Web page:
The early days of my childhood were relatively happy as back then, our parents ensured that we go together via The Johannesburg Parsi Association.  I then had some modicum of belonging, some sense of my identity as a Parsee. As a child,  I still remember we had a Parsi Anjuman, and we had a number of  Jashans, navjotes and even a wedding – functions that were organised by the the Parsi Association made up of members from the very small Parsee community – here mostly our fathers. Everybody knew everybody.  In fact, I chose my life partner from the handfull of eligible Parsi boys here. The biggest drawback for us as children, was the absence of a Dasturjee and regular religious classes. What we knew about Zoroastrianism was what our parents taught us; but as most parents, they were preoccupied with earning a living and had little time for religious discussions and meetings. All I remember is watching my parents perform the kusti prayers and my mother praying every day in the morning and at night. I also remmber the divo being lit every day in our small and modest home. and sandalwood burning in a small afarghan. My father  was considered as a “priest” here as he knew some of the prayers mainly for Jashans and for funerals.  I also remember Dara Uncle – Mr Dara Tavaria who also officiated prayers with my Dad. they were our “dasturjees” Right up until his demise , my Dad conducted all the Parsee funerals to the best of his ability. Now after his demise, my brother Dr Sohrab Shapurjee tries to conduct funeral prayers. The irony is that the handful of Parsees here come together at funerals only -rather than other joyous occasions like Navroze or Pateti ?! It is truely a very sad state of affairs!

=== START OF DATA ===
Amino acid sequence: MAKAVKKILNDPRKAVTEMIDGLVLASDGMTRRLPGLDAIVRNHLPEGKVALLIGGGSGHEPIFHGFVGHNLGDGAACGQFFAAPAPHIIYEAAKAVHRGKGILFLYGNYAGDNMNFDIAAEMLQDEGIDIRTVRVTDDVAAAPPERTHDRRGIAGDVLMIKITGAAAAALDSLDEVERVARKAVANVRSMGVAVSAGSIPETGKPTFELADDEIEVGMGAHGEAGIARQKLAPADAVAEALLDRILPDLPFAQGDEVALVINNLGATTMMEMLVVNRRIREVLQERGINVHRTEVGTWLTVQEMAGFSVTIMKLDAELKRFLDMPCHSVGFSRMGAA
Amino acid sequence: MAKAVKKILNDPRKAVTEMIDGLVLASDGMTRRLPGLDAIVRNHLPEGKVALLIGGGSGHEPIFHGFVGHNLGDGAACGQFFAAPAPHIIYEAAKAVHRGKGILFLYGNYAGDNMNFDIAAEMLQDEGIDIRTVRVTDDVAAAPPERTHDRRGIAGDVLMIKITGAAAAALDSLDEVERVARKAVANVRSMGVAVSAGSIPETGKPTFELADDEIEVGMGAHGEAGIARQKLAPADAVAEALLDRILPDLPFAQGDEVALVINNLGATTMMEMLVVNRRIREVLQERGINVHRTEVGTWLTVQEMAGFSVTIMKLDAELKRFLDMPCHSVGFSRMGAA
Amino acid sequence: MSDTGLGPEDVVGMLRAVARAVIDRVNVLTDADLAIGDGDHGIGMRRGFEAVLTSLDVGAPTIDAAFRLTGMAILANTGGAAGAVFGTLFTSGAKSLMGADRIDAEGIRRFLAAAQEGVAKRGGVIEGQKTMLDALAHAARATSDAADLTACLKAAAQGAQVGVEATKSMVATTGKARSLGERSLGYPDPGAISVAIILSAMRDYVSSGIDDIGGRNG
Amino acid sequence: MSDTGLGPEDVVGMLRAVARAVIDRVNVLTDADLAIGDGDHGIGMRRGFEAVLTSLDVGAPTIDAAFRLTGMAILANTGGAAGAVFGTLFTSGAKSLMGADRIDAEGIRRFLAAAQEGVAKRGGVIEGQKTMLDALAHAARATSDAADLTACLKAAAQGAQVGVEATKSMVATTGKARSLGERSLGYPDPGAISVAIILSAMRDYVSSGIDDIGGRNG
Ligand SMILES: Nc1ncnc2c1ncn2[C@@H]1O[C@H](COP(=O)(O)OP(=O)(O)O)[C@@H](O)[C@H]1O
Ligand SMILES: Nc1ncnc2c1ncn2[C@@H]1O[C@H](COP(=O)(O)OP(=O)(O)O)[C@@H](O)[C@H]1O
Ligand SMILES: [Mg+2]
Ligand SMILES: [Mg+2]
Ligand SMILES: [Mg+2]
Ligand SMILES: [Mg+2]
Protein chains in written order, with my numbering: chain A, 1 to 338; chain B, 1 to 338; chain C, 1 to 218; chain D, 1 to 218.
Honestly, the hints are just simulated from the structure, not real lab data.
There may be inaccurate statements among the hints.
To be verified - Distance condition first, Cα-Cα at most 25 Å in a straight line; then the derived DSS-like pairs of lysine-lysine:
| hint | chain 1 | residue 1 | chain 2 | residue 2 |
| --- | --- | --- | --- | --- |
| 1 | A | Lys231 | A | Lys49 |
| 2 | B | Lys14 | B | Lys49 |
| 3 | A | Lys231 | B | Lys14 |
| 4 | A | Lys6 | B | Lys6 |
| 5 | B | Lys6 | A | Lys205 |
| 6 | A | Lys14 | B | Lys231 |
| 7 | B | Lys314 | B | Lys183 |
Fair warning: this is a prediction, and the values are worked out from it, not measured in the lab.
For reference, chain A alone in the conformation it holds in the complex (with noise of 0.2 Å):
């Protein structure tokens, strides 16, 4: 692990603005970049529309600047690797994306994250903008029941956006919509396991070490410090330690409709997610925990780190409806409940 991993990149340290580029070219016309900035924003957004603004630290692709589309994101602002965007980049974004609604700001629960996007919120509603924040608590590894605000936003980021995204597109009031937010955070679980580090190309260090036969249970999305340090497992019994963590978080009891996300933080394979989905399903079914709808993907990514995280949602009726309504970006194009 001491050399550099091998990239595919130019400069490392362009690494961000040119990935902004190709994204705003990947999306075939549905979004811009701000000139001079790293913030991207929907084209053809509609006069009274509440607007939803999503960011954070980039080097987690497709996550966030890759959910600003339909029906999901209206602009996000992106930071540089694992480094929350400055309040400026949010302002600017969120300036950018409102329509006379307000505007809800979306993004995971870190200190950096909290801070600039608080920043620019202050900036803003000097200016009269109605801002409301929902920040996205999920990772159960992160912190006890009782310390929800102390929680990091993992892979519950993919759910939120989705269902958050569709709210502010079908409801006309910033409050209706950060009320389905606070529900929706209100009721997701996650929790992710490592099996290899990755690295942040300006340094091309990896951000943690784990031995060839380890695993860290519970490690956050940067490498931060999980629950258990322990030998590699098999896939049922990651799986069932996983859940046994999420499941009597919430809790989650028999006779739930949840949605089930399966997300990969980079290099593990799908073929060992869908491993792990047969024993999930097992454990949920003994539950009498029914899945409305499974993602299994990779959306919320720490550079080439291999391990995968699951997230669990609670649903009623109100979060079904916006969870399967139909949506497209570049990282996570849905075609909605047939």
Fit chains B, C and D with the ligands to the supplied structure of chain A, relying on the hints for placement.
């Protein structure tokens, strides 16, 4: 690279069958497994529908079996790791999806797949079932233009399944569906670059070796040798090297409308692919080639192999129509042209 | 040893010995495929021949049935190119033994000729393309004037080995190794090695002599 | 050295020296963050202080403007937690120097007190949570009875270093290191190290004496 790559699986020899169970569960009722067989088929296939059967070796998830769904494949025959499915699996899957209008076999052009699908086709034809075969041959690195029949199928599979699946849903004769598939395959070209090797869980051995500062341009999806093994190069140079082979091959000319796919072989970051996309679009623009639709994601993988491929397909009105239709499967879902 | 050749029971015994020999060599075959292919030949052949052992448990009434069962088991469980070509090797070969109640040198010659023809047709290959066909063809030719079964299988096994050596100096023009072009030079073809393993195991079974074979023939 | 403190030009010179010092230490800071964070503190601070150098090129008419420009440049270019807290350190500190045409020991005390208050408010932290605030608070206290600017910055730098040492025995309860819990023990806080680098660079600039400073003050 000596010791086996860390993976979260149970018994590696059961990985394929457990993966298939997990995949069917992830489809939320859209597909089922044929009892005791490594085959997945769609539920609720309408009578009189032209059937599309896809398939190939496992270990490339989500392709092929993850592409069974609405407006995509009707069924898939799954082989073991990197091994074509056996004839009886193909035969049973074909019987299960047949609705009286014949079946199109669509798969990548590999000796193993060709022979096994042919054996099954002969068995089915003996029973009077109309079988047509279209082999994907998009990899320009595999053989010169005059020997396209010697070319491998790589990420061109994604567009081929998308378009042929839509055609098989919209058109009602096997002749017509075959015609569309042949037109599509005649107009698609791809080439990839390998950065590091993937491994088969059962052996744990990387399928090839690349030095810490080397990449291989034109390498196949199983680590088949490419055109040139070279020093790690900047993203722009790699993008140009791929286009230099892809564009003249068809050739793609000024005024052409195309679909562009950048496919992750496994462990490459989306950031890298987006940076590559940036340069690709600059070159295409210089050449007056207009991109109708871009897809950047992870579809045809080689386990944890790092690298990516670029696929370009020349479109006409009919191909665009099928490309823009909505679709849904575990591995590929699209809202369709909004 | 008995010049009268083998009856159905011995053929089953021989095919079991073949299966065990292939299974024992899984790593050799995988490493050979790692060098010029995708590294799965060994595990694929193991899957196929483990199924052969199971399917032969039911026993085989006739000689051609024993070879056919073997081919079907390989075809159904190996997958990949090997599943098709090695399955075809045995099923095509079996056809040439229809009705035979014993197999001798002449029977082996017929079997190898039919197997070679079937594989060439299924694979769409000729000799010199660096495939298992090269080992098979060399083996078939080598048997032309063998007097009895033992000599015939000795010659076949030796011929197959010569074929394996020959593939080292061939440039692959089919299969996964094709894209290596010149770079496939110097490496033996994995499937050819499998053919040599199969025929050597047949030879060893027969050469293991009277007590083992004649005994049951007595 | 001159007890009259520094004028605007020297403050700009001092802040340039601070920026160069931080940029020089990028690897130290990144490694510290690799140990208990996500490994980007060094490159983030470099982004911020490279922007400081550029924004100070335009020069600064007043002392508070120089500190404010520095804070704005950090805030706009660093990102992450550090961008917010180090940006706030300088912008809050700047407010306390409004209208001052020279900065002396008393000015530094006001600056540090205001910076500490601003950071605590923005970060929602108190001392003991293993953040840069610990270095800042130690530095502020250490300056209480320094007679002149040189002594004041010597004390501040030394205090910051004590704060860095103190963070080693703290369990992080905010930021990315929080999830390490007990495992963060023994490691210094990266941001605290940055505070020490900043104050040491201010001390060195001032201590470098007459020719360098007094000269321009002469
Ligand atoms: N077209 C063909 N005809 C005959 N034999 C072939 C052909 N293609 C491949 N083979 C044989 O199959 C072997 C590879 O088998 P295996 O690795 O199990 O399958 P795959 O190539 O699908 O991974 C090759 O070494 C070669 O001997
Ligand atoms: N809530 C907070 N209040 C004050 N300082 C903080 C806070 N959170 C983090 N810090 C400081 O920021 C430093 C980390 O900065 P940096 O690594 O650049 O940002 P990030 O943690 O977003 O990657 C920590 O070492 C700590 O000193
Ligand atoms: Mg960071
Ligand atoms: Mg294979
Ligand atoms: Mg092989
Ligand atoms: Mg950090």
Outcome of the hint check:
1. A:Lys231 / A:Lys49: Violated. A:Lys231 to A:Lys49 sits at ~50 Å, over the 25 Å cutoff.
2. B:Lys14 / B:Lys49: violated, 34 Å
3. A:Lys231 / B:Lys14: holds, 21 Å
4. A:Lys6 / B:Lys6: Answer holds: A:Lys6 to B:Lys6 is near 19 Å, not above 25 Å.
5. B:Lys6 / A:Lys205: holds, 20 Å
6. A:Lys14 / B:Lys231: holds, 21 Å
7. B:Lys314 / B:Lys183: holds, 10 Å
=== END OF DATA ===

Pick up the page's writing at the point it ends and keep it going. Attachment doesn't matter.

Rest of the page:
As we have no dokhma facilites here in SA, we have no option but to bury or cremate and for this we have a very small Parsee Cemetry in Johannesburg sandwiched between the Jewish and Christian cemetries. Legend has it that one of our forefathers acquired this small piece of land from the ruling Afrikaner Nationalist Party leader at the time. We take solace in the fact that at least in death we have some recognition as a Parsee and can be buried or cremated in our own Parsee cemetry.